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Equine Fundamentals

Introduction to horses lecture for my Equine 280 class, Globe University, Madison East. This lecture intoduces the history and evolution of the horse, delves into the anatomical characteristics that they share with dogs, cats, and us, as well as highlight
by

McLean Gunderson

on 3 April 2014

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Transcript of Equine Fundamentals

Equine Fundamentals
VT 280
Globe University,
Madison East

External Anatomy
Muscular System
Skeletal System
Circulatory System
Digestive System
In Situ Equine GI tract
Anatomical positioning of GI tract
Respiratory tract
Bones of the hindfoot of the horse through evolutionary time
Evolution of the Horse
Przewalskii's Horse (Equus ferus przewalskii) Endangered (Genetically distinct from modern horse- 66 chromosomes)
Grevy's Zebra (Equus grevyi)
(46 chromosomes) Endangered
Plain's Zebra (Equus quagga)
(44 chromosomes)
Mountain Zebra (Equus zebra)
(32chromosomes) Protected
Quagga (Equus quagga quagga)
Extinct 1883
Tarpan (Equus ferus ferus) Extinct 1909
Likely progenitor for modern horses (64 chromosomes)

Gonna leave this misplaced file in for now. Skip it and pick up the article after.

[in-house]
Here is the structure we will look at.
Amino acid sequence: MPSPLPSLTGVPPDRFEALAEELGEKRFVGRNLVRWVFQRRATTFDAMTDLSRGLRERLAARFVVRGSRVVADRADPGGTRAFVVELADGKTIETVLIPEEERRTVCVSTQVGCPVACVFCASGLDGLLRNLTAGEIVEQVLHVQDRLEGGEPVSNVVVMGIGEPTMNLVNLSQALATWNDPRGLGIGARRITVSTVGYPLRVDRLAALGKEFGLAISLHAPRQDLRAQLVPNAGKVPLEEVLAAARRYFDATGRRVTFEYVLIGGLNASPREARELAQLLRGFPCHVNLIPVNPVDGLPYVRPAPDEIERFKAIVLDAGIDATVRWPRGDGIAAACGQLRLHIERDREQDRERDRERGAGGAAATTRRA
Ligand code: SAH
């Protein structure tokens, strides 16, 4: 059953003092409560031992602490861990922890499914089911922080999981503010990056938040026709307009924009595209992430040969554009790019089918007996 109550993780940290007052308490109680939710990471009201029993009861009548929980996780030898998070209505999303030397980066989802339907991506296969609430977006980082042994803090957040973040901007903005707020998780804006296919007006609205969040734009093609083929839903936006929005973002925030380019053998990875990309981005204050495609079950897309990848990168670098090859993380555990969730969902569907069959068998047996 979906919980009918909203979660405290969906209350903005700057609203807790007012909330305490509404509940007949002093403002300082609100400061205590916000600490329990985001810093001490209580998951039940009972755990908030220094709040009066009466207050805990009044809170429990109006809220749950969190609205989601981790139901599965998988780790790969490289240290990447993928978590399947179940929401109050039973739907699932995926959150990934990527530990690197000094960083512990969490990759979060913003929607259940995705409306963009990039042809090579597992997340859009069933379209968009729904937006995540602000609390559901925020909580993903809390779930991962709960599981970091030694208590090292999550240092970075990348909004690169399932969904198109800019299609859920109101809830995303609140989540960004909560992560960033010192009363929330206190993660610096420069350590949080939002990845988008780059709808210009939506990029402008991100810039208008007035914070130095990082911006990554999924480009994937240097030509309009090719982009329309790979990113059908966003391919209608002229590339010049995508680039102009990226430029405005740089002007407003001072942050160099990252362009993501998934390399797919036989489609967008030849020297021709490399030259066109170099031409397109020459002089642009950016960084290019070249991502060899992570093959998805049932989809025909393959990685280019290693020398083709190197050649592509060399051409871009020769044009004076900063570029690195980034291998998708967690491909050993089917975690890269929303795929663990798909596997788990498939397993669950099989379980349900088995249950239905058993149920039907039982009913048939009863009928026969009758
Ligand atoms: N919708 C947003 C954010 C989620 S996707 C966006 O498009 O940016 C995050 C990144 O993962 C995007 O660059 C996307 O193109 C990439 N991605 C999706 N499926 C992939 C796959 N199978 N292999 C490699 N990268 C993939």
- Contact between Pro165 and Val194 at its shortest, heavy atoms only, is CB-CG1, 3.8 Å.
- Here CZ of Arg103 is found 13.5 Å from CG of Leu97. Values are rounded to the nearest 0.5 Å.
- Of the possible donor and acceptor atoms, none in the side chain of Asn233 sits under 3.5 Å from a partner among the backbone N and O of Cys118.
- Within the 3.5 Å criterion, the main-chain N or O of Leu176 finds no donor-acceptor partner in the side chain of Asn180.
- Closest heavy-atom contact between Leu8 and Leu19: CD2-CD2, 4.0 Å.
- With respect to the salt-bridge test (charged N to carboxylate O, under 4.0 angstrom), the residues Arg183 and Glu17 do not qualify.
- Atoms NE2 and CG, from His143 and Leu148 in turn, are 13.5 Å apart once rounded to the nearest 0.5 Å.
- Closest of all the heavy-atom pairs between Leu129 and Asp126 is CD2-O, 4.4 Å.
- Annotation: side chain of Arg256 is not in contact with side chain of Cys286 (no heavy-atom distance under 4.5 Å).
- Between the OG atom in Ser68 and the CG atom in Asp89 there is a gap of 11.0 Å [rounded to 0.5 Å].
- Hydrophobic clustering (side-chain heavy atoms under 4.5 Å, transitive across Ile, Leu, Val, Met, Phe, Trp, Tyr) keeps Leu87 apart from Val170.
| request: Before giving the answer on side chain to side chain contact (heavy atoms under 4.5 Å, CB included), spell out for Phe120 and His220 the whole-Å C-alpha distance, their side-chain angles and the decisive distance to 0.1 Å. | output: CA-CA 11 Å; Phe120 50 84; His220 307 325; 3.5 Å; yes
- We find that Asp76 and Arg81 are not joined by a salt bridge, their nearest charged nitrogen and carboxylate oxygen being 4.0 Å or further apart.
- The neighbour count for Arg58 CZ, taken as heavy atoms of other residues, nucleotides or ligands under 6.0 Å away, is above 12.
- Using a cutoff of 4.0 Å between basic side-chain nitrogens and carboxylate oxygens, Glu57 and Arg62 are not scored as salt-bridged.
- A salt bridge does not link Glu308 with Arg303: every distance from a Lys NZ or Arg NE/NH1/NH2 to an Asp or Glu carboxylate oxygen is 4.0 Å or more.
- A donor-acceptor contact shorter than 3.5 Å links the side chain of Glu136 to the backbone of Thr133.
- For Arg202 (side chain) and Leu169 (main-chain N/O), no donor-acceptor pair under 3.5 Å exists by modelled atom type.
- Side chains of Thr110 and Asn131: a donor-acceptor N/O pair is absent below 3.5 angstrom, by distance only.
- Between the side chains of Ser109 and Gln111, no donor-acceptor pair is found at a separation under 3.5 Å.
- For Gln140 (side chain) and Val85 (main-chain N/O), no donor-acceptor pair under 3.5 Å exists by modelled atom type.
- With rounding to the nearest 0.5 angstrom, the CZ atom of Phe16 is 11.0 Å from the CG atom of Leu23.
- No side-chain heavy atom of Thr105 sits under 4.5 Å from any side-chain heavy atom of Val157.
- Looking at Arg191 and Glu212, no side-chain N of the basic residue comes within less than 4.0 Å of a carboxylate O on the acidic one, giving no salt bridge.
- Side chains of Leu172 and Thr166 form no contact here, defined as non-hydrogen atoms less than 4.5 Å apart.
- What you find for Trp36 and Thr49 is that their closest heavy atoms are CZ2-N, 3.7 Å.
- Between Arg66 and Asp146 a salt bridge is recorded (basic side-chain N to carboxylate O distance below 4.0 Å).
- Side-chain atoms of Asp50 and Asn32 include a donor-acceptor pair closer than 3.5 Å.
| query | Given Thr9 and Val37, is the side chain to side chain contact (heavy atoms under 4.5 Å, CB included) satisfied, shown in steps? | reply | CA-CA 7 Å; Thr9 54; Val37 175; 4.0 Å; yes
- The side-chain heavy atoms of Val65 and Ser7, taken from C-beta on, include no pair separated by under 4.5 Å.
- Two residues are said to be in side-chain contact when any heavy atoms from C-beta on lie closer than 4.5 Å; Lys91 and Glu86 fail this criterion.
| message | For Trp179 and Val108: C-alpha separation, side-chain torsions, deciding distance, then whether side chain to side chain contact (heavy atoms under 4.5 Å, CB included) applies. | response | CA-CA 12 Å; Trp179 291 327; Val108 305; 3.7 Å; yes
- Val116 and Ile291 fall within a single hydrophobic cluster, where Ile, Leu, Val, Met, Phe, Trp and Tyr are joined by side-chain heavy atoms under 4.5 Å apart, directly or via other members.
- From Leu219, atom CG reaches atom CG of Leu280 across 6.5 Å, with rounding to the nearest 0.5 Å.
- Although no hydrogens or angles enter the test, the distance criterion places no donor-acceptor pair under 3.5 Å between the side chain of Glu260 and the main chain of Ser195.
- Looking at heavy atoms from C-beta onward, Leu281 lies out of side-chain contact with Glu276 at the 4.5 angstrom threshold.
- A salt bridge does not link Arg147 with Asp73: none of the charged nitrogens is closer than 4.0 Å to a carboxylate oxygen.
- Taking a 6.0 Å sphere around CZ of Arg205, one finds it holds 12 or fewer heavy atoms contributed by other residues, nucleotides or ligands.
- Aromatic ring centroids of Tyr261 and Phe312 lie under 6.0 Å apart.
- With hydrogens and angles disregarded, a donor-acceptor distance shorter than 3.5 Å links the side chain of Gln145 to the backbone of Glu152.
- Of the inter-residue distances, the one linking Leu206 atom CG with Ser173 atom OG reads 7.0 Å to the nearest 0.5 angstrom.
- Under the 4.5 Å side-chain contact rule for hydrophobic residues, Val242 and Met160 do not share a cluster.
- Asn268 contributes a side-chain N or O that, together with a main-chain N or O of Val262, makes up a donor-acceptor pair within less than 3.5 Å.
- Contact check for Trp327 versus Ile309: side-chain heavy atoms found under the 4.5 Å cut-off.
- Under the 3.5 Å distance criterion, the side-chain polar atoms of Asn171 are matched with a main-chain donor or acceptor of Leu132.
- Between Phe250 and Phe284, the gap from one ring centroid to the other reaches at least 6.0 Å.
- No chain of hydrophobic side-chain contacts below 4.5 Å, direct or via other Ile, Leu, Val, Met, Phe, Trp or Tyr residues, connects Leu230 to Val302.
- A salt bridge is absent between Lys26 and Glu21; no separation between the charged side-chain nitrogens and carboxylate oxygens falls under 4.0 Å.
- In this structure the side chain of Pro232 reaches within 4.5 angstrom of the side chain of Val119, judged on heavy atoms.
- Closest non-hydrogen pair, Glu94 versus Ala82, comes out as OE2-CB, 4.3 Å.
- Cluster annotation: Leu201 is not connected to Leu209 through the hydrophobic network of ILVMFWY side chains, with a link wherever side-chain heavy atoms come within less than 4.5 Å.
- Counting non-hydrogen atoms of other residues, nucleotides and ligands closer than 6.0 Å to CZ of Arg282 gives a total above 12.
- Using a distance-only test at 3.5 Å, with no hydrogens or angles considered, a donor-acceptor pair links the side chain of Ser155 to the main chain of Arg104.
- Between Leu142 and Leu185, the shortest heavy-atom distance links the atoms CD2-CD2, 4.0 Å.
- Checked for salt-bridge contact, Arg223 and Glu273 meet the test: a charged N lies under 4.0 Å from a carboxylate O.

Onager (Equus hemionus) Endangered
(56 chromosomes)
Kiang (Equus kiang)
(52 chromosomes)
Feral Horses- Example American Mustang (Equus ferus)
Domestic horse (Equus caballus)
There are approximately 267 breeds of horses throughout the world. (64 chromosomes)
Draft Horse (AKA cold blood)
16-19+ hands & >1400 lbs
Warm blood (cross between cold and hot blood)
Variable height and weight
Hot blooded horse, 14-16 hands & 850-1400 lbs
Pony, <14.2 hands & <850 lbs
Mule, cross between donkey and horse
variable height and weight
(63 chromosomes)
Miniature Horse, 38 inches or less at the withers
Donkey, 7-15 hands & 180- 1060 lbs
(62 chromosomes)
Guttural Pouches, unique to Equines
Guttural pouch interior, note prominent arteries, veins and nerves
Skull of horse illustrating dentition and ocular anatomy
Forelimb anatomy, responsible for supporting 60-70 percent of a horses weight
Equines stand on just 1 toe (P3) per leg, which is unique. Hooves accommodate enormous pressures due to weight and activity. As a result 90 of all lameness is isolated to the hoof.
View of the bottom of the hoof. The hoof wall and sole are hard and protect the hoof from physical damage, and the frog provides cushioning against tremendous impact forces.
European cave paintings
from ~35,000 years ago Lascaux, France

Domestication is believed to have occurred
~3500 BCE (5,500 years ago) in Eastern Europe,
Russian Steppes, Eastern Asia
African Ass (Equinus asinus)
Progenitor to modern donkeys/burros
(62 chromosomes)
Critically Endangered
Equus hemionus kulan
(54 chromosomes)
Full transcript